With the headwinds causing disruptions in global and domestic economy, the Lagos Chamber of Commerce and Industry (LCCI) has stressed the need for Nigerian government to sustain targeted fiscal Interventions in critical sectors such as agriculture, manufacturing, and export infrastructure in 2023, to stimulate long-term growth.
The year 2022 saw the global economy suffer several shocks caused by high inflation, monetary policy tightening, weakening consumer demand, disruptions by the Russia-Ukraine war, energy crisis and political upheavals.
LCCI in a statement released on Monday, signed by its Director General, Dr. Chinyere Almona, reviewed the year 2022 and projected an outlook for 2023.
Looking at the global economy, the Chamber stated that due to soaring inflation, high energy cost, monetary policy tightening, and weakening consumer demand, various economic projections point to the likelihood of a recession or a significant slowdown of growth in 2023. It added that the war in Ukraine and increasing sanctions on Russia may continue to impact supply chains for commodities and cause shocks to financial systems across the world.
On the domestic front, the chamber noted that the factors that may continue to drive the major economic indicators are “the rising inflation rate, tight monetary policies, an unstable currency, foreign exchange scarcity, debt burden, currency management, food supply disruptions, exchange rate volatility, and election spending.”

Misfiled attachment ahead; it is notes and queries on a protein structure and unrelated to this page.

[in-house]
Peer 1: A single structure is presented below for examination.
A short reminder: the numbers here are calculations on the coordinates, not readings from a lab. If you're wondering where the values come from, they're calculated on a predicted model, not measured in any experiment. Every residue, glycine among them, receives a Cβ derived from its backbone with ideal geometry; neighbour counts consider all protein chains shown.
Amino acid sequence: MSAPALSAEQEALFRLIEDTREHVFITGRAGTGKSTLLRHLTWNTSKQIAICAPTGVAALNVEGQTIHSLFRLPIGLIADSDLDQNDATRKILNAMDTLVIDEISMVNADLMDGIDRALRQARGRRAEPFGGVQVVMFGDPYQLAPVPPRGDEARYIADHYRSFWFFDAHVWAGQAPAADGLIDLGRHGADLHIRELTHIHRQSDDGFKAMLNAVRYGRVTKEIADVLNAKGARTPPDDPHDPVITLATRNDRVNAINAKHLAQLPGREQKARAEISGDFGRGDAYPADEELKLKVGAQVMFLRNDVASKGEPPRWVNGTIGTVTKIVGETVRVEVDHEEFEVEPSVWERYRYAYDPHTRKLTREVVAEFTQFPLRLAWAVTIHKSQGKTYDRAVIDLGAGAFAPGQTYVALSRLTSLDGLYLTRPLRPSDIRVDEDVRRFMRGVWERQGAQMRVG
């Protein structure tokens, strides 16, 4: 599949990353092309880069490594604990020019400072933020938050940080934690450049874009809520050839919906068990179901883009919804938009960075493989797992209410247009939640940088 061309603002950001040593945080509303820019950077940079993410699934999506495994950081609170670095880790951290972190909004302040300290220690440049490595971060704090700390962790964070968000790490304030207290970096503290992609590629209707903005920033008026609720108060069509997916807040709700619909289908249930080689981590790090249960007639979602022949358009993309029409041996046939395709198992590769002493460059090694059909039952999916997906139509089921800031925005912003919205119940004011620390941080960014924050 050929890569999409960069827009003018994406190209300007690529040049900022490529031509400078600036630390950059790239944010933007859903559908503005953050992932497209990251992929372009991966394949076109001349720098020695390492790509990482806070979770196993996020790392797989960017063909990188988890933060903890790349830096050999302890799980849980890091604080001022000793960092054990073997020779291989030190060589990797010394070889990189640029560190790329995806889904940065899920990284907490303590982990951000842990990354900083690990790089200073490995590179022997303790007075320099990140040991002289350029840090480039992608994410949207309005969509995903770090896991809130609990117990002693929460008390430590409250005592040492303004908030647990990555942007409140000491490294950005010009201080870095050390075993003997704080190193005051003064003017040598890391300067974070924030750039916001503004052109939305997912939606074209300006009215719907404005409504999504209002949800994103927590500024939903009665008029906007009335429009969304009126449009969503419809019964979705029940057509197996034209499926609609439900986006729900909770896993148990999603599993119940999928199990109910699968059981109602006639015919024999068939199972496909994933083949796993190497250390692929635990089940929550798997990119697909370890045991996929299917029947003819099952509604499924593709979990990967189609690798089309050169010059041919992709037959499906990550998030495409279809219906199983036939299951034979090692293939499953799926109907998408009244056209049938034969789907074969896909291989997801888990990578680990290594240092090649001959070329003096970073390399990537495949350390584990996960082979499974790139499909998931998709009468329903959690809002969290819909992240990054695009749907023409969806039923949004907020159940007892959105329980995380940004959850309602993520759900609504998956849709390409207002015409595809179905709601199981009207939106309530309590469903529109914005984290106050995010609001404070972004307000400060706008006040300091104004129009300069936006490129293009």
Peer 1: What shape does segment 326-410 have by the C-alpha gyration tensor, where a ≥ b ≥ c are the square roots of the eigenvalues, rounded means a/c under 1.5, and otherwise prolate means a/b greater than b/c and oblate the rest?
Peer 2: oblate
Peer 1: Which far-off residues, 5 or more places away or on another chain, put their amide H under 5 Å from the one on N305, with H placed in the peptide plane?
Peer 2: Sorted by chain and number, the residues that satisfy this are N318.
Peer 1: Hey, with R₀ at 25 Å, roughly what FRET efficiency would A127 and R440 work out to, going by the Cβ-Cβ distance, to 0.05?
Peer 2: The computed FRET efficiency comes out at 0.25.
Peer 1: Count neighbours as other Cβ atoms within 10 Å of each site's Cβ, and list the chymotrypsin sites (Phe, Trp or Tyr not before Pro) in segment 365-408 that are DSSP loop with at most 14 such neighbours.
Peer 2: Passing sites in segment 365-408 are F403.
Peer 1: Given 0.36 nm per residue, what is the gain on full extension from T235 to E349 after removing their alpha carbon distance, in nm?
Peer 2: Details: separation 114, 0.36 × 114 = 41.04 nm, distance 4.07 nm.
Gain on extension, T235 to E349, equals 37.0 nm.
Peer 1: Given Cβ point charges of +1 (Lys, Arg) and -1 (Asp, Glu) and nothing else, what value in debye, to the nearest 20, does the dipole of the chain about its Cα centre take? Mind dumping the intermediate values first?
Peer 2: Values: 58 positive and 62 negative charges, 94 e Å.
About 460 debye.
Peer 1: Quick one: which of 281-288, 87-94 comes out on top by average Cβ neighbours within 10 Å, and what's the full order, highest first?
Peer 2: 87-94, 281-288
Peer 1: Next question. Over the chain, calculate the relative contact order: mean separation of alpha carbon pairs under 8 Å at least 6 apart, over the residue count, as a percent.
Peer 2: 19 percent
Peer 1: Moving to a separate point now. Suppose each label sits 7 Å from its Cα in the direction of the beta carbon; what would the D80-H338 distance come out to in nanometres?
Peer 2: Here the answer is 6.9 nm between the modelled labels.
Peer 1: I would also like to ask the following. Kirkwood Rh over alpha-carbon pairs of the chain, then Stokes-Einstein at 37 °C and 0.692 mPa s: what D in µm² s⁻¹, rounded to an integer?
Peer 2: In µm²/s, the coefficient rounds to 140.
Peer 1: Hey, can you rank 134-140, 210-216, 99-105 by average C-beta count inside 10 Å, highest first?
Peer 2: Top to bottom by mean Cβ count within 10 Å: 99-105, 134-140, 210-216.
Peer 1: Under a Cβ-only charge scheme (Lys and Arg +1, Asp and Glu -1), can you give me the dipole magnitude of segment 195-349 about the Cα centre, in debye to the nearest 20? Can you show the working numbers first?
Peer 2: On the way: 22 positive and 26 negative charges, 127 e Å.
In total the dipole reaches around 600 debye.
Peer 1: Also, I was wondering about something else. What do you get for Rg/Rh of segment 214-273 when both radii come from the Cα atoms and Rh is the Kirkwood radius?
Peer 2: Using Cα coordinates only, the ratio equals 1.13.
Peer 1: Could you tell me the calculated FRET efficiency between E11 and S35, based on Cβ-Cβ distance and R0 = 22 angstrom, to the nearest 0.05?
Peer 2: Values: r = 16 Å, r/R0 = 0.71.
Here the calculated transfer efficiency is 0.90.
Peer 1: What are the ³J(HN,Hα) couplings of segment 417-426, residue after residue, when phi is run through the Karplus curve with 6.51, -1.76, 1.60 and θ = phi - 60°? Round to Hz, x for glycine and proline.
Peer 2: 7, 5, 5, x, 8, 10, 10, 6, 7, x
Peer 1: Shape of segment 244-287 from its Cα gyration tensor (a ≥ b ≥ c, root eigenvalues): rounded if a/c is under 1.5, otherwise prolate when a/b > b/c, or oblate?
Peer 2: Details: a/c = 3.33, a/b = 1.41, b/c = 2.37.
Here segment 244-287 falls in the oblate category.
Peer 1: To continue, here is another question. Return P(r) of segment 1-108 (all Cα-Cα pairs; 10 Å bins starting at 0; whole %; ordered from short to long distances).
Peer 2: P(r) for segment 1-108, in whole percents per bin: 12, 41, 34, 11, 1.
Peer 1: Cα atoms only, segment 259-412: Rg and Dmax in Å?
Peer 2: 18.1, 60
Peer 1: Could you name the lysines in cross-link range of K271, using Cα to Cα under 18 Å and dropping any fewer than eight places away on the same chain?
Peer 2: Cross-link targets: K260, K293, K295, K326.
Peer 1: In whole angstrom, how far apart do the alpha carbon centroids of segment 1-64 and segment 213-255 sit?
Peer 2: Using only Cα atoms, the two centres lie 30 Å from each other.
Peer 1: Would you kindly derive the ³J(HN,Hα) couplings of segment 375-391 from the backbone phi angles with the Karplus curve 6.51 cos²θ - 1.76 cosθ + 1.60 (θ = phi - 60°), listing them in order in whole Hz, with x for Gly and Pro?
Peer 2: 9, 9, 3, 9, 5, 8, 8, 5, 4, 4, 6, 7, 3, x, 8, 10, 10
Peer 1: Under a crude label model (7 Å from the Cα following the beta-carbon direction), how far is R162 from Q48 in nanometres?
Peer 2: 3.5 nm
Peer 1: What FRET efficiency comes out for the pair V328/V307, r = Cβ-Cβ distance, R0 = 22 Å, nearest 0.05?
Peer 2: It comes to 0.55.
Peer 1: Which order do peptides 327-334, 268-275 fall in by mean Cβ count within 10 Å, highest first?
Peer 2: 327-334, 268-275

The statement indicated that the Central Bank of Nigeria’s (CBN) Monetary Policy Rate which rose from 11.5 per cent in January and peaked at 16.5 per cent as at November 2022 is expected to rise further during the MPC meeting in January to 17 per cent “to curb the persistent inflation and prevent capital flight.”
The chamber recalled it had recommended that Monetary Policy Rate hikes alone would not curb inflation except the real factors like food supply disruptions, high energy cost, scarcity of forex, among other challenges are addressed.
“In 2023, we need fiscal interventions to support strategic sectors like manufacturing, agriculture, transport logistics, and more allocation of FOREX to productive sectors,” it added.
On the performance of the country’s economy in 2022, the chamber pointed out that it recorded growth in the first three quarters but started slowing down from 3.54 per cent in Q2 to 2.25 per cent in Q3.
“The slowdown was driven by decline in aggregate demand in the face of inflation spikes, commodities’ supply chain disruption, high energy cost, and FOREX scarcity.”
It said that growth is expected to be seen in sectors like manufacturing, agriculture, transport, telecommunications, and trade in 2023 and urged government to be more sensitive in regulation of ICT sector to promote growth and support private sector operations.
It stated that despite challenges on the agricultural sector in 2022 such as insecurity, poor road network to connect markets, high cost of farm inputs and the recent flood disaster, it still recorded growth all through the year and noted that government’s intervention through targeted financing support to the sector can boost agricultural production, create jobs, and lower the soaring food inflation in 2023.